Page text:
Thankfully, organizations like WATCH (World Against Toys Causing Harm) post the top ten unsafe toy list every year so that you’ll know if what you run out to buy your child (and any child you happen to donate to) is safe for them to play with. This list does assume you have common sense though, so please leave the bb gun off the five year old’s wish list. Continue reading
We first ran this post last year and we feel the message continues to be timely. Enjoy!
I grew up in a household that celebrates St. Nicholas Day on December 6 every year. The special start to the holiday season is a tradition in Northern Europe to remember St. Nicholas, a fourth century bishop who was renowned for his great kindness and his generous aid to those in distress. The story passed down was that St. Nicholas had a reputation for secret gift-giving and he used his whole inheritance to assist the needy, the sick, and the suffering, and often the gifts were found in stockings left to dry by the fireplace.
This tradition in my family comes from my German heritage, and each year we hung our stockings on the eve of St. Nicholas Day with the hopes of receiving candy, fruit and a few small goodies the next morning – what my brother and I deemed the “official” start to the Christmas season. But my mother had other motivation for that day and I credit her for my philanthropic spirit today. Each year as we dug through our stockings, comparing candy and a new Christmas cassette tape or coloring book, there was also an envelope containing two things: a five dollar bill and a note from St. Nick. That note contained a message of the blessings we had and the duty bestowed upon us to give back in our own way. The instructions? To use that five dollars to better someone else’s life during the holiday season, and even as children, to choose a charity and make our own difference.
I remember my teenage years, getting that money and thinking how stupid it was to give back when I wanted things for myself. One year that five dollars sat in my desk drawer inside its envelope for months upon months because I couldn’t be bothered to figure out where to send it. But looking back, I realize what an amazing lesson my mother taught me, one that she took straight from the original story of St. Nicholas himself. The purpose of the season is not what we can get, but what we can GIVE. To count our own blessings and give to those who could use a few more of their own. I’m so grateful for that lesson as it has truly shaped me into the person I am today. This year, my son will wake up on December 6th to open his stocking, full of candy and a few small gifts and he will find an envelope with a five dollar bill inside waiting for him to start his own journey of giving. I hope that you all will do the same this year as you start your own holiday season and find the joy in giving of yourself to others when they need it most.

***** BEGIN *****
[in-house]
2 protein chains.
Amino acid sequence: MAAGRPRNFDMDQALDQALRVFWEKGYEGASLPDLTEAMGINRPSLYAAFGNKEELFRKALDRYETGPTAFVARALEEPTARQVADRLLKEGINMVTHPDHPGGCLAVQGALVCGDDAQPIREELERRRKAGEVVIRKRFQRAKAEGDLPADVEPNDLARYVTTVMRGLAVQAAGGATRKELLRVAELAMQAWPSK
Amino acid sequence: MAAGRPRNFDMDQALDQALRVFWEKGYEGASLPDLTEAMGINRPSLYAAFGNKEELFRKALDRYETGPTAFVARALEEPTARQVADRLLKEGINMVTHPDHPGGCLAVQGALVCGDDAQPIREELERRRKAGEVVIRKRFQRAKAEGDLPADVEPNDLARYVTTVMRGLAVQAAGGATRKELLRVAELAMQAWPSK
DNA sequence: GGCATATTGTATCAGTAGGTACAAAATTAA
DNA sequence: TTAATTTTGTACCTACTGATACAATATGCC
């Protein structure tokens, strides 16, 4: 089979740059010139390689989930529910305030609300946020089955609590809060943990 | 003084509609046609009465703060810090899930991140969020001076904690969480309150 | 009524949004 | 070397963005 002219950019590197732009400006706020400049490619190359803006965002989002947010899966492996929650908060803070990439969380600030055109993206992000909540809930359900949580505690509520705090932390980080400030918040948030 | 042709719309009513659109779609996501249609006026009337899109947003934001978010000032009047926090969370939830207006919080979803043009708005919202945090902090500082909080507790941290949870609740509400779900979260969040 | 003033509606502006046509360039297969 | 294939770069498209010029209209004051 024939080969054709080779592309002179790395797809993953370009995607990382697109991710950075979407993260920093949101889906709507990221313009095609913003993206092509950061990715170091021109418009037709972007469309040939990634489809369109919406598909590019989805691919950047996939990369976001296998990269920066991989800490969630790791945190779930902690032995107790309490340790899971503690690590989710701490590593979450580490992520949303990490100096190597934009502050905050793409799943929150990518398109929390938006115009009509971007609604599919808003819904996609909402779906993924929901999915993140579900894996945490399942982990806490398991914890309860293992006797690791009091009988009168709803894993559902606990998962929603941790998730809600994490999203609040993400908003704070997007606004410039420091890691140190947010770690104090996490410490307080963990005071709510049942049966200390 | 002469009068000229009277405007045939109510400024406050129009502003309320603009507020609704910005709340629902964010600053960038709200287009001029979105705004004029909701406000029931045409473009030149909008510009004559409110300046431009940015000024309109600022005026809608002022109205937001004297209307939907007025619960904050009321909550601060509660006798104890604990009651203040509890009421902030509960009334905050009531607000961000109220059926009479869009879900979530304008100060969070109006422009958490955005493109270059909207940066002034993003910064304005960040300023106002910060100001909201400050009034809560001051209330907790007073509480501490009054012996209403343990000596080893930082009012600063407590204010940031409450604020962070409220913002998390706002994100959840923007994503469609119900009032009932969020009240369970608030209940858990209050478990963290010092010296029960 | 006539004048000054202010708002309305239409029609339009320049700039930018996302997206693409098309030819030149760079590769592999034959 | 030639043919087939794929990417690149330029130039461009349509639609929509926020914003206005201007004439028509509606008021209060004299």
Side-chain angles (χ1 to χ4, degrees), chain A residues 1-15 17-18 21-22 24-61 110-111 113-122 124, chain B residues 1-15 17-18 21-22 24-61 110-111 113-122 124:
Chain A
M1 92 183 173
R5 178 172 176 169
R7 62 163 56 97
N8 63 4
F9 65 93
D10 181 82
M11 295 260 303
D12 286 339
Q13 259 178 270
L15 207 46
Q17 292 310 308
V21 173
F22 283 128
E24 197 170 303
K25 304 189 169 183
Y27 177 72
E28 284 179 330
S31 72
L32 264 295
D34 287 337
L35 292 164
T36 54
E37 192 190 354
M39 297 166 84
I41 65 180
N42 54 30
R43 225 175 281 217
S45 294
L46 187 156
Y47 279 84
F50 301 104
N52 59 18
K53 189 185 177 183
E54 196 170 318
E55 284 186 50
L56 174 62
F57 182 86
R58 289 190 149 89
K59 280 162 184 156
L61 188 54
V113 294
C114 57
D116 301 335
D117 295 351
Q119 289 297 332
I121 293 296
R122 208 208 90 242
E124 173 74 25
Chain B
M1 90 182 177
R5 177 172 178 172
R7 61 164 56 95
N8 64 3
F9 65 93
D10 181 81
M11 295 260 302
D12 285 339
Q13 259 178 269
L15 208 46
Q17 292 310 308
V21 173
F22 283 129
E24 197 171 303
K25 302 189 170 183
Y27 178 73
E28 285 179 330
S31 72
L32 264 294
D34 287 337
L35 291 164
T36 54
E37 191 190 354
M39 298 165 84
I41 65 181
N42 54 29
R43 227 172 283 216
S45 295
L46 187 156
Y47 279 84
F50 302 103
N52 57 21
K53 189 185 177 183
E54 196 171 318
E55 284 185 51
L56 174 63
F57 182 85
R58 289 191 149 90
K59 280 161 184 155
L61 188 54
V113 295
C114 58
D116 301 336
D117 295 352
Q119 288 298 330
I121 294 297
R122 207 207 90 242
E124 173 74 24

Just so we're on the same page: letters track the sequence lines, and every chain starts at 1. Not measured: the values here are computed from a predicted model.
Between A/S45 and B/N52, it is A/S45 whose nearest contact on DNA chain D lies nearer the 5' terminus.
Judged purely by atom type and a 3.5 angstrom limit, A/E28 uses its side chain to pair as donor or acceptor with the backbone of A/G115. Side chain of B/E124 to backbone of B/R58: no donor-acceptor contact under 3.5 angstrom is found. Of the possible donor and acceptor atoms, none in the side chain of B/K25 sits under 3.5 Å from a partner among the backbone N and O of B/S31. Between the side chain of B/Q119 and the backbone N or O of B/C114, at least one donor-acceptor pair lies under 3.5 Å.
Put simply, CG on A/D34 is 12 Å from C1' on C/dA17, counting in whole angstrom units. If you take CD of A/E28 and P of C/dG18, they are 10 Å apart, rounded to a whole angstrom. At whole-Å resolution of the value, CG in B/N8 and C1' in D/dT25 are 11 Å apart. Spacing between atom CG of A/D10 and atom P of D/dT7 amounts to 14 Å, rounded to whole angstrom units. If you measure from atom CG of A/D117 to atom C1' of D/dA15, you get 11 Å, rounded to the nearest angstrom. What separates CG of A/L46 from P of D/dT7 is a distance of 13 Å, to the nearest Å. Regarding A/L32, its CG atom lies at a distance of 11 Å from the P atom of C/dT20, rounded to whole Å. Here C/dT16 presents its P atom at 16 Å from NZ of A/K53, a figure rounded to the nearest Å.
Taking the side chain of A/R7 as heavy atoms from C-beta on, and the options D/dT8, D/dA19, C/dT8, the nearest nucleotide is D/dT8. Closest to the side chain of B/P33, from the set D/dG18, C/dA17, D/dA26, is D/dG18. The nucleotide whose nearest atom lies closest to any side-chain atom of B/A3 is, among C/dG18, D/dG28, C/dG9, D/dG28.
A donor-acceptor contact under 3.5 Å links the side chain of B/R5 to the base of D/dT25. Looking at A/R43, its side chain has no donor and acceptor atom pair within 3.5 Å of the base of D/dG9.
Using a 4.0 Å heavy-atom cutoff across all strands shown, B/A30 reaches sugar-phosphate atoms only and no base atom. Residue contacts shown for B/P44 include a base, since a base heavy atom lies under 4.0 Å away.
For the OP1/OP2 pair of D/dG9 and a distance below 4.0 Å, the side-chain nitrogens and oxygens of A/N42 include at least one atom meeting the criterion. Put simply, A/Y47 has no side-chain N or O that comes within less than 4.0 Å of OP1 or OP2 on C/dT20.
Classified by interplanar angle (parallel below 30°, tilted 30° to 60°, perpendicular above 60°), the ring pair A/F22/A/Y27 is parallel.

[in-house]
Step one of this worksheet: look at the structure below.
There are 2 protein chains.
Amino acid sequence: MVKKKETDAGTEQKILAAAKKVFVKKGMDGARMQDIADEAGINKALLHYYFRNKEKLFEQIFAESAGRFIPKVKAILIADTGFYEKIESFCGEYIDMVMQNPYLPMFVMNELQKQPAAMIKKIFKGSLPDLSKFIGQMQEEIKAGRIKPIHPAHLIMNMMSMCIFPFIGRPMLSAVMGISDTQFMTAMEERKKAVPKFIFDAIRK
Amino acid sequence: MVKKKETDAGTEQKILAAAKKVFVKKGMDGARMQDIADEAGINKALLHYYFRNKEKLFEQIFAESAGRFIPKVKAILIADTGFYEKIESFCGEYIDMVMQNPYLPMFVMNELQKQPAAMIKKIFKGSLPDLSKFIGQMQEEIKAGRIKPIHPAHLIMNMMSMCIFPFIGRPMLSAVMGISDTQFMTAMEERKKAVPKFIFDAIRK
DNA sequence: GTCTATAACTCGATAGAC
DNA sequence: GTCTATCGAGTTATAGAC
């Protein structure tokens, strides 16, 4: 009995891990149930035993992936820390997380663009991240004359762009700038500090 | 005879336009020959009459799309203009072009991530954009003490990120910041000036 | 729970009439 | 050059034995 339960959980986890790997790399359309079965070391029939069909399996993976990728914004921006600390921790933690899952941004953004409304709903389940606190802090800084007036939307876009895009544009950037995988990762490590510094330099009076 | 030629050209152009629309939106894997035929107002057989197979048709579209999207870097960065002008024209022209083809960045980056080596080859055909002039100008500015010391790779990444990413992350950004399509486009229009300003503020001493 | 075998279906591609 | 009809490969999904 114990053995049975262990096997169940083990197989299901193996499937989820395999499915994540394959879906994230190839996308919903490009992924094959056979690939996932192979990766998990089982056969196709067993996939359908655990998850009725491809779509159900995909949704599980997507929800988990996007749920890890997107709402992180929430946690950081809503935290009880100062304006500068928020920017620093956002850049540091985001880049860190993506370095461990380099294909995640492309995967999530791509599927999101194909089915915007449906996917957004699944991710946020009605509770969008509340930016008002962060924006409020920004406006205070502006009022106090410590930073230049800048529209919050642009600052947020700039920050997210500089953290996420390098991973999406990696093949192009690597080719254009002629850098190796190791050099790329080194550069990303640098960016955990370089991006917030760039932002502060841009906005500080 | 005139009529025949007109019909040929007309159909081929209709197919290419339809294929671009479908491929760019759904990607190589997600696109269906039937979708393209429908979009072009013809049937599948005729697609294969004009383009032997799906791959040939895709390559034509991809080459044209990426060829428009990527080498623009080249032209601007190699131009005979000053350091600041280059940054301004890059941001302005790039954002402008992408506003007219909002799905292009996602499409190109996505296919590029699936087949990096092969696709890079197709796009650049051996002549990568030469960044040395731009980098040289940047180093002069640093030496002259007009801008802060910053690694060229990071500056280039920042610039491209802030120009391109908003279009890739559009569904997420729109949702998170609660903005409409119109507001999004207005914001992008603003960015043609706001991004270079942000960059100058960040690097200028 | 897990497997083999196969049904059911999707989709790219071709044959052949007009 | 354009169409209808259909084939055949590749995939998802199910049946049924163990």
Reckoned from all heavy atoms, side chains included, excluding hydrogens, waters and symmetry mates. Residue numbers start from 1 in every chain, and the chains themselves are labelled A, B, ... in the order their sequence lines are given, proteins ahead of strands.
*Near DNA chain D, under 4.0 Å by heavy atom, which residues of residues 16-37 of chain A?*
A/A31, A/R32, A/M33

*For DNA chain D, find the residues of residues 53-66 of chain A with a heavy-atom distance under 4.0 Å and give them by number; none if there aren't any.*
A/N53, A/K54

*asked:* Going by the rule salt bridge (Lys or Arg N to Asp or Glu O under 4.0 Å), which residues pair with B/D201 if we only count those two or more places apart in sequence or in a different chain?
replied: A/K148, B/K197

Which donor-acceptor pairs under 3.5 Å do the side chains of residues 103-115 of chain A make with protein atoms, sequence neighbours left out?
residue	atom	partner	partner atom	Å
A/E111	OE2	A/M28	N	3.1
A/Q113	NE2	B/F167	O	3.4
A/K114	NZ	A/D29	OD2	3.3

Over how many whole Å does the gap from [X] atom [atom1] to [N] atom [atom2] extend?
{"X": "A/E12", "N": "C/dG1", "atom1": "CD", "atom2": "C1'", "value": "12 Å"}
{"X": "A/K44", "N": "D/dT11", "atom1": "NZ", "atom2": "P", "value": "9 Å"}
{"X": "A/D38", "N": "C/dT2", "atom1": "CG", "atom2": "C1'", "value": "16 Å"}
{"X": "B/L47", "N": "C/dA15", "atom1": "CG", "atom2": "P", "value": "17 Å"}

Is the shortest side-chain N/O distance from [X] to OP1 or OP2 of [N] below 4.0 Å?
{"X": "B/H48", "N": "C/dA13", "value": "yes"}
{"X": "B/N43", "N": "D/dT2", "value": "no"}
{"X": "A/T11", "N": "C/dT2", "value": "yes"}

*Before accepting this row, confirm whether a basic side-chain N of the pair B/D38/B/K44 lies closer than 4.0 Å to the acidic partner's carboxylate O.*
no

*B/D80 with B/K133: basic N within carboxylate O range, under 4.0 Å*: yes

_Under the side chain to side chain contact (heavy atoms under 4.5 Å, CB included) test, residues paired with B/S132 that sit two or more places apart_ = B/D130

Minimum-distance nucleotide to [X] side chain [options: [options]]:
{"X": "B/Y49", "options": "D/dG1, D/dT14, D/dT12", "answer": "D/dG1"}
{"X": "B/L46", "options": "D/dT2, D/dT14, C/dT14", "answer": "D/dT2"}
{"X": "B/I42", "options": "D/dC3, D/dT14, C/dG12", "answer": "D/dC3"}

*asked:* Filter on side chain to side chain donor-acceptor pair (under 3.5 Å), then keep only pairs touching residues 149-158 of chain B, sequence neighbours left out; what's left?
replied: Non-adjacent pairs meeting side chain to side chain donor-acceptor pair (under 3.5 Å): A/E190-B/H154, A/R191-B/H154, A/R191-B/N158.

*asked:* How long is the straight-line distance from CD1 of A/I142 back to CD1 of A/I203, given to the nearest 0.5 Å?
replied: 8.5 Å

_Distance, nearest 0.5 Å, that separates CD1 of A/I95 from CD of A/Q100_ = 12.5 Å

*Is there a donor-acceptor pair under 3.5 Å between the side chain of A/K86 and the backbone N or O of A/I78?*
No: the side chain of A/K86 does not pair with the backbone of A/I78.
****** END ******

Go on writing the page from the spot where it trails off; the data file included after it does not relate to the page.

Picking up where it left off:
Halloween is over. The costumes put away, the candy pillaged from our neighbors and, in my house anyway, soon to be gone as well. This morning my five-year-old sleepily wandered downstairs while I was making lunches and said, “Mom, Halloween is over. When’s Christmas?” I sighed and reminded him that there was a very special holiday in between that he was forgetting, but the lack of “what’s in it for me” associated with Thanksgiving for a child who doesn’t like turkey or football made him roll his eyes and fall back on the couch. Continue reading